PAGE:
Owners and lenders are becoming increasingly receptive to the idea of offering engineering, procurement, and construction management (EPCM) contracts, as opposed to EPC contracts, for the advantages it offers, writes JONATHAN BRUFAL*.
The majority of mega construction projects are procured using fixed-price, and date-certain engineering procurement and construction (EPC) contracts. Such contracts provide owners and lenders of limited-recourse projects with cost and time certainty and provide a single point of responsibility for the design, construction and procurement of the works.
However, as the size and complexity of projects increases, and as EPC contractors’ bargaining position improves, there is a growing trend, particularly in the mining industry, for procurement to go down the engineering, procurement and construction management (EPCM) route. Under the EPCM contract, the contractor is not responsible for construction, but is instead responsible for design and manages the construction process on behalf of the owner – which in effect is a professional services contract.
Role of the EPCM contractor
One of the primary roles of the EPCM contractor involves with the engineering and design responsibilities of the project. The design of major projects is often split into two phases. The first phase is the front end engineering and design (FEED) stage where engineers set the design parameters and define the scope of the works that will allow the owner to tender. The second phase comprises the detailed design development of the FEED. Both phases can be procured under both methods of procurement, accordingly the design responsibilities are largely the same.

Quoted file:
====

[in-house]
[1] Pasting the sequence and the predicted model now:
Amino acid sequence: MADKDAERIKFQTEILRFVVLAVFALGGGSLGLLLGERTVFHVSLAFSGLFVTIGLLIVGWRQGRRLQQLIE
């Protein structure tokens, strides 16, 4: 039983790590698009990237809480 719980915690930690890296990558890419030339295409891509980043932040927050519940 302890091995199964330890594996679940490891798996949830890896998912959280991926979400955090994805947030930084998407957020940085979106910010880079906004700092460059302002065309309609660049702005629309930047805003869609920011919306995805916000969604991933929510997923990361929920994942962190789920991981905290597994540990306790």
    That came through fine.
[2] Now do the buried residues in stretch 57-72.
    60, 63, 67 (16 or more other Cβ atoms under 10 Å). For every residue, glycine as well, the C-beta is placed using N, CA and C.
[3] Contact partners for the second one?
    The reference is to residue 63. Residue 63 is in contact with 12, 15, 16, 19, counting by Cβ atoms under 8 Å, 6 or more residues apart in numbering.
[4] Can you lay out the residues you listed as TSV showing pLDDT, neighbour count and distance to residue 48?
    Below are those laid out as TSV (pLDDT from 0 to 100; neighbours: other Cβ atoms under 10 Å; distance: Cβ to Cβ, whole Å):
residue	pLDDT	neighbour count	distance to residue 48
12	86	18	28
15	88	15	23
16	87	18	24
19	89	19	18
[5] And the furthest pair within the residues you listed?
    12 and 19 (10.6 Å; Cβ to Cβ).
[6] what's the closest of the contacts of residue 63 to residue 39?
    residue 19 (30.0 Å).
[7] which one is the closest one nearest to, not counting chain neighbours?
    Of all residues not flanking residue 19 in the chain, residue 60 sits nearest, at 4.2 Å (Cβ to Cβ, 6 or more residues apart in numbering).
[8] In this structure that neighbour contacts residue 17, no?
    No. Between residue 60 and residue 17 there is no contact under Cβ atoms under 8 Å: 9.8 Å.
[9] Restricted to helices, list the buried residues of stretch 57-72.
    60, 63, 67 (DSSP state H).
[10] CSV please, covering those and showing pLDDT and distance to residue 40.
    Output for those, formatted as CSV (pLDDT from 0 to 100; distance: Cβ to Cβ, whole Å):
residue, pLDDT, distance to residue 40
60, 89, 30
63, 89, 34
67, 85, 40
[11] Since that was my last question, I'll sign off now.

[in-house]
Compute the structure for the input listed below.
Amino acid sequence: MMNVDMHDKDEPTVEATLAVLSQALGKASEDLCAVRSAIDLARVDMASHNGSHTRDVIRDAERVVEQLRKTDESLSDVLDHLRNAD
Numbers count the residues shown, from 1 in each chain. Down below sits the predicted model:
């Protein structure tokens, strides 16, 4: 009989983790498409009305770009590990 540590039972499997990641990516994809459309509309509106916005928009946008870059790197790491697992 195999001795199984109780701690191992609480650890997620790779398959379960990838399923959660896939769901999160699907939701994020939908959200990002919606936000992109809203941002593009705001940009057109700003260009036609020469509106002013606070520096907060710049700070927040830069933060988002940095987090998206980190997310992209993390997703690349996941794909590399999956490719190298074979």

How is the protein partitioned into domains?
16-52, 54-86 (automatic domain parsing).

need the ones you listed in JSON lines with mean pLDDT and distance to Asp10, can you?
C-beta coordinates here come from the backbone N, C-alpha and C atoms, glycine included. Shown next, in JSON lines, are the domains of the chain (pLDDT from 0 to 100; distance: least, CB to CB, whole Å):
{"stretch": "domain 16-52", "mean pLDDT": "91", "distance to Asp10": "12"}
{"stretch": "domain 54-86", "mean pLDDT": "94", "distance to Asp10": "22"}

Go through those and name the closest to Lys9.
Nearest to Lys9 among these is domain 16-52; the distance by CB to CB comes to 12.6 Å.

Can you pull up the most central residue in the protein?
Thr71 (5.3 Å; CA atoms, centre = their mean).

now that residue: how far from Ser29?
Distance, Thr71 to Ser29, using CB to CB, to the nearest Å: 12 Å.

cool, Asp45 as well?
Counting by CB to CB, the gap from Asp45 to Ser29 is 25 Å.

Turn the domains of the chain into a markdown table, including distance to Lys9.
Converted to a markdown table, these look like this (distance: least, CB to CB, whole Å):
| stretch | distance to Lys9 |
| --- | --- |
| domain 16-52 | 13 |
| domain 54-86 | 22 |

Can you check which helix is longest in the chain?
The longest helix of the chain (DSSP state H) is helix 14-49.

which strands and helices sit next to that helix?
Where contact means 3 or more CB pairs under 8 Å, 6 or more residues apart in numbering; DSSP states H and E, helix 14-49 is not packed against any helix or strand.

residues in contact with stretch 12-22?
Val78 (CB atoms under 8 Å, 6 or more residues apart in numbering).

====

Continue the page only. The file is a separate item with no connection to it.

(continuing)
The procurement role of an EPCM contractor is very different to that of an EPC contractor. The EPC contractor has full responsibility for procurement and all sub-contracts will be put in place directly by it. As such, the EPC contractor will take on the performance, time and cost risk of its sub-contractors.
The EPCM contractor, however, will simply advise the owner on the best strategy for the construction and procurement of materials and equipment and contracts awarded will be direct contracts between the trade contractors and the owner – the EPCM contractor will not be party to these agreements. It is therefore crucial for the owner that these contracts are appropriate and protect the owner’s interests as any problems that arise under these contracts such as interface issues, delays, damages to property and defects of the works will ultimately be a problem for the owner, not the EPCM contractor.
EPCM contractors are required to supervise the construction and overall management of the project to ensure work is carried out by the various contractors in accordance with the design criteria and to the required standards. This will include supervising safety management on site, obtaining evidence of faulty work and establishing facts in relation to any defaults or defective work to ensure the owner is protected from any claims. The EPCM contractor will not, however, be responsible for any defects in the works unless such defects have arisen as a result of its negligence in carrying out its construction management services.